President Hamid Karzai issued a decree guaranteeing a reserved seat in the Wolesi Jirga for the next parliamentary elections in 2015.

The Ministry of Education has opened two primary schools -- exclusively for Sikh and Hindu children -- in Kabul and Jalalabad after complaints of harassment and bullying targeting the minorities.

The opening of the school near a Jalalabad Sikh temple two years ago has been a welcome relief for Singh, whose daughter will go to school next year.

"In the past, we all used to go the same schools, children would play together," Singh says. "No one would insult us, or tell us to go home."

Extremist Elements

Sikhs and Muslims for centuries lived peacefully side by side in Afghanistan.

Some blame the increasing intolerance toward Sikhs and Hindus on "extremist elements" who have moved from the provinces to Kabul and other cities in recent years.

Ahmad Saeedi, a former professor of political science at Kabul University, says the original city dwellers have always been tolerant as they grew up in an ethnically diverse place.

In the 1970s there were estimated to have been more than 150,000 Sikhs and Hindus in Afghanistan. Many were engaged in successful businesses, owned shops, and their children studied in universities.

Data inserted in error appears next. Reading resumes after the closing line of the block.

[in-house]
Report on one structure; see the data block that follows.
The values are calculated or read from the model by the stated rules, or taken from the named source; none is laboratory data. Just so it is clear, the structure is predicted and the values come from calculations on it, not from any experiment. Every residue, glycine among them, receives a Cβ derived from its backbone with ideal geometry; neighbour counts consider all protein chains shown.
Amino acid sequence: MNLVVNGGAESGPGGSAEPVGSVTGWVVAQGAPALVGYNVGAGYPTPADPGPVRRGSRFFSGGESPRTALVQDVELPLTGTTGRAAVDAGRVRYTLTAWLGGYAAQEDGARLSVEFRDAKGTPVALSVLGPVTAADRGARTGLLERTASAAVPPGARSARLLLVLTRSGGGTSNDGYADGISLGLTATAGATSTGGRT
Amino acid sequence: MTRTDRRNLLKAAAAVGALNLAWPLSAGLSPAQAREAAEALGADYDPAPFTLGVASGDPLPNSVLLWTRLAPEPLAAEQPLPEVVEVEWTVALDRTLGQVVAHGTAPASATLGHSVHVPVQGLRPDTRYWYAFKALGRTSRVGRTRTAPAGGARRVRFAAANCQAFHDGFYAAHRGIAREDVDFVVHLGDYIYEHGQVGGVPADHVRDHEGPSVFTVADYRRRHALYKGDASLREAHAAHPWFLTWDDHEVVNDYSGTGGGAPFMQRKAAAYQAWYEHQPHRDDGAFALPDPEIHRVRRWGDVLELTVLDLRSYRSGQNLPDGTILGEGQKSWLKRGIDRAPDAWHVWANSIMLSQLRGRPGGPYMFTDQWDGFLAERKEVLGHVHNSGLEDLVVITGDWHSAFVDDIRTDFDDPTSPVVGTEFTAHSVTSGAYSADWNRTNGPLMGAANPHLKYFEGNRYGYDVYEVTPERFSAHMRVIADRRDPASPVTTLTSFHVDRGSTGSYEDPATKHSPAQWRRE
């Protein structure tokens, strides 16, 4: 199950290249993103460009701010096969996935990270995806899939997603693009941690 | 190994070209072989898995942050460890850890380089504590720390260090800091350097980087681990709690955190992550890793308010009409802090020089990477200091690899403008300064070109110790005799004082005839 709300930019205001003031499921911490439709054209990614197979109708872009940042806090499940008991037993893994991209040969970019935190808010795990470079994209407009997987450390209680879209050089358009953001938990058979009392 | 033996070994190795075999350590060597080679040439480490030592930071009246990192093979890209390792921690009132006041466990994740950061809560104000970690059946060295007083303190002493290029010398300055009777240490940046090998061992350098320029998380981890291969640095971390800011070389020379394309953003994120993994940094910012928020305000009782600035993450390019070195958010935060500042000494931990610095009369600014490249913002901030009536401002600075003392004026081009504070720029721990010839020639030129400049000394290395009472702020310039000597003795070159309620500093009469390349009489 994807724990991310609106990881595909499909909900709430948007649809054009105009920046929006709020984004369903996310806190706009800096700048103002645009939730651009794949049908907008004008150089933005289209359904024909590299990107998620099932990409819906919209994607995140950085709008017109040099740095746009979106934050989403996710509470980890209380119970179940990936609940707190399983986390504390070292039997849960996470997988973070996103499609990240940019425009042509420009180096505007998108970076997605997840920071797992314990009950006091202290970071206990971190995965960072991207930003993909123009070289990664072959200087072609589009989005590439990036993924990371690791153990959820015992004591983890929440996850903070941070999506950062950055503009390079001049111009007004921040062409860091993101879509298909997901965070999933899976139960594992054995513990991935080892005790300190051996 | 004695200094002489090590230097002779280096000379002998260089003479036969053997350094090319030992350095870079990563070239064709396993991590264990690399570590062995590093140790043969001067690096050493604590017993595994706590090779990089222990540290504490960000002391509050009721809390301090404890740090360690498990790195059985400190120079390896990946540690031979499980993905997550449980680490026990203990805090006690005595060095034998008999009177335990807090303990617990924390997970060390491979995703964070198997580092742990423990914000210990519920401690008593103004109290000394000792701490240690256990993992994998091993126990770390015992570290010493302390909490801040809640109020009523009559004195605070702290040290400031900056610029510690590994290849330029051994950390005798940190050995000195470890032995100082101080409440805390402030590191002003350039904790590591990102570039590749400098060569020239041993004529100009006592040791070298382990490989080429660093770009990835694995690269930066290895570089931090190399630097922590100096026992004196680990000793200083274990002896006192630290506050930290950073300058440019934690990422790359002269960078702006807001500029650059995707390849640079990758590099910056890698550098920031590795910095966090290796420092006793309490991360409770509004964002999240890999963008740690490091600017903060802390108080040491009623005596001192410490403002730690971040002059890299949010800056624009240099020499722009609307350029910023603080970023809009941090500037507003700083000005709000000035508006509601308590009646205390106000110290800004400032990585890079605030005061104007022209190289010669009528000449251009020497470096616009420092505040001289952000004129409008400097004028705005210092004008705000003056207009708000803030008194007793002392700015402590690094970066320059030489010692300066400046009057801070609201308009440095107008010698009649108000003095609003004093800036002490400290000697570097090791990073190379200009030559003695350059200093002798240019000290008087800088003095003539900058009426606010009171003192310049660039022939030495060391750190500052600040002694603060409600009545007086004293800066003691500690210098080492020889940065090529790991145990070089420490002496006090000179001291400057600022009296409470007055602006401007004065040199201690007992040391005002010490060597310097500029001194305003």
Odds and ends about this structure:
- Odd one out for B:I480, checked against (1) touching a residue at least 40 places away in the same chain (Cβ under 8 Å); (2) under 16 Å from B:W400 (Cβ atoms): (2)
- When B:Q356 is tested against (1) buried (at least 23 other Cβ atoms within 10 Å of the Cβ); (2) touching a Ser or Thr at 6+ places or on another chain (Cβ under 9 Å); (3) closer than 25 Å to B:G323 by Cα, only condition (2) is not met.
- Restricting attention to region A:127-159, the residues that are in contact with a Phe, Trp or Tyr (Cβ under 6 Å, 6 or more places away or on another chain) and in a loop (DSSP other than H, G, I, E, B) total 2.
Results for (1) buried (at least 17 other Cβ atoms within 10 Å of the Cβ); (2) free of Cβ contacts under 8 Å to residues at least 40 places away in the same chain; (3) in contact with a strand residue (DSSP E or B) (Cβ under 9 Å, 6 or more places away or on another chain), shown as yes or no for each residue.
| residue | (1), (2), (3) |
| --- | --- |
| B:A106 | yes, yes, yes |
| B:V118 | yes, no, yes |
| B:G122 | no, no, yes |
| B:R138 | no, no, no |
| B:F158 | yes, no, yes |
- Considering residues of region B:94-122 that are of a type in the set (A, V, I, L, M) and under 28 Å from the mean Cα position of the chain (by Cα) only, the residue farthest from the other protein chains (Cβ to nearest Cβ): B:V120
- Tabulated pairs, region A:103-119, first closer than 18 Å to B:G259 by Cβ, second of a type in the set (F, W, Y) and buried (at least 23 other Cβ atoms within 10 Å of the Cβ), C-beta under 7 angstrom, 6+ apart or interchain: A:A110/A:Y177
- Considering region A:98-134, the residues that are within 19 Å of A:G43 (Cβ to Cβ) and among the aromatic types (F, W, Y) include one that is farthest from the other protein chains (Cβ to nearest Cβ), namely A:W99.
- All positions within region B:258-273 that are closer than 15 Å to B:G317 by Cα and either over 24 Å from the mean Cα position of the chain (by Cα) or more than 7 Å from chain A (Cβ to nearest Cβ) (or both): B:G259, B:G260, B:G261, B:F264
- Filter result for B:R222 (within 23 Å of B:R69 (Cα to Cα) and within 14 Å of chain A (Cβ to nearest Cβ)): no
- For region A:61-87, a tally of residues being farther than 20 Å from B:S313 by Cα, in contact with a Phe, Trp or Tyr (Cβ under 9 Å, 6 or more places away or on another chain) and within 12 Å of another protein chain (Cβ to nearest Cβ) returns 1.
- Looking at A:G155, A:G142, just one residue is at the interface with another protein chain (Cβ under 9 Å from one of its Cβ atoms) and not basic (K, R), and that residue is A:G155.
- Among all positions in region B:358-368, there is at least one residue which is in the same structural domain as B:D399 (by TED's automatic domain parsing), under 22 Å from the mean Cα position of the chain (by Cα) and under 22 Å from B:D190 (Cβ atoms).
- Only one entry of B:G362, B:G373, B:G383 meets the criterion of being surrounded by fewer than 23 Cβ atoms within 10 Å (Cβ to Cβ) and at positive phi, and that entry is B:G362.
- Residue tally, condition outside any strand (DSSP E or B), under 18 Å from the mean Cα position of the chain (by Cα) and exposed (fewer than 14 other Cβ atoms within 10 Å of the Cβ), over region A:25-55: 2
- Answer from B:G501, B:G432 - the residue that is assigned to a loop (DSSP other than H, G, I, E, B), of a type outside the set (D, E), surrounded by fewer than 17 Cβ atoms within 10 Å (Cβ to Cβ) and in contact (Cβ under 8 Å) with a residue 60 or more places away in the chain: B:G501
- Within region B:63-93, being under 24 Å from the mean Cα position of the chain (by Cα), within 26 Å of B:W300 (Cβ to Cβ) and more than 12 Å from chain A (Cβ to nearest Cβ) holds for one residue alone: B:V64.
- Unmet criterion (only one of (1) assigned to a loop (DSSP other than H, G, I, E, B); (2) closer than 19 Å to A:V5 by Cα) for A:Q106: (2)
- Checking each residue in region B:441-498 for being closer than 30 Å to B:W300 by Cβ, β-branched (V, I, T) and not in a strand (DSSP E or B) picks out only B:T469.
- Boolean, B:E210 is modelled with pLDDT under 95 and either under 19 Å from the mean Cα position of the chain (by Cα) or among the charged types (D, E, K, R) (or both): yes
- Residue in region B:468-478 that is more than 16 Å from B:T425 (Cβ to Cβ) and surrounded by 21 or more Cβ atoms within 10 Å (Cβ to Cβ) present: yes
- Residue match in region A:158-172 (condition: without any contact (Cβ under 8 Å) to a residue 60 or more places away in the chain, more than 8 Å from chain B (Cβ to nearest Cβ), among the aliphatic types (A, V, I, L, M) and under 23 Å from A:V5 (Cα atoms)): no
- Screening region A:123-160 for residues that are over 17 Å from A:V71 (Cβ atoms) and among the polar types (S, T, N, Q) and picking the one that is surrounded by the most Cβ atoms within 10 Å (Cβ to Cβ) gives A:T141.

However, more than three decades of military conflict have prompted many to leave.

Thousands of Sikhs and Hindus migrated to India in the 1980s after the Soviet invasion of Afghanistan.

A second wave of migration followed in the 1990s, prompted by infighting between various jihadi groups after the collapse of the communist regime.

There are now only around 4,000 Sikhs and Hindus living in the country of more than 30 million.

The majority of Sikhs who have remained in Afghanistan are impoverished people, who struggle to make ends meet.

Singh lives with his wife and their daughter in a two-room apartment in an old, two-story building, not far from one of Jalalabad's two Sikh temples.

The city is home to a nearly 700-strong Sikh community.

"Out of Jalalabad's nearly 160 Sikh families, only five live in a relative comfort," Singh says.

Singh has heard about the group of Afghan Sikh asylum seekers who were discovered inside a metal shipping container in Britain on August 16.

The migrants' dangerous journey, which left one of them dead inside the metal box, doesn't surprise Singh.

Nor does he believe the death of the man will stop other potential asylum seekers from taking the same risks.

"In our community, only those who have no money have remained in Jalalabad," Singh says. "Anyone who can afford to leave wouldn't stay here."

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    Farangis Najibullah

    Farangis Najibullah is a senior correspondent for RFE/RL who has reported on a wide range of topics from Central Asia, including the region’s ongoing struggle with the coronavirus pandemic and its economic impact. She has extensively covered efforts by Central Asian states to repatriate their citizens who joined Islamic State in Syria and Iraq.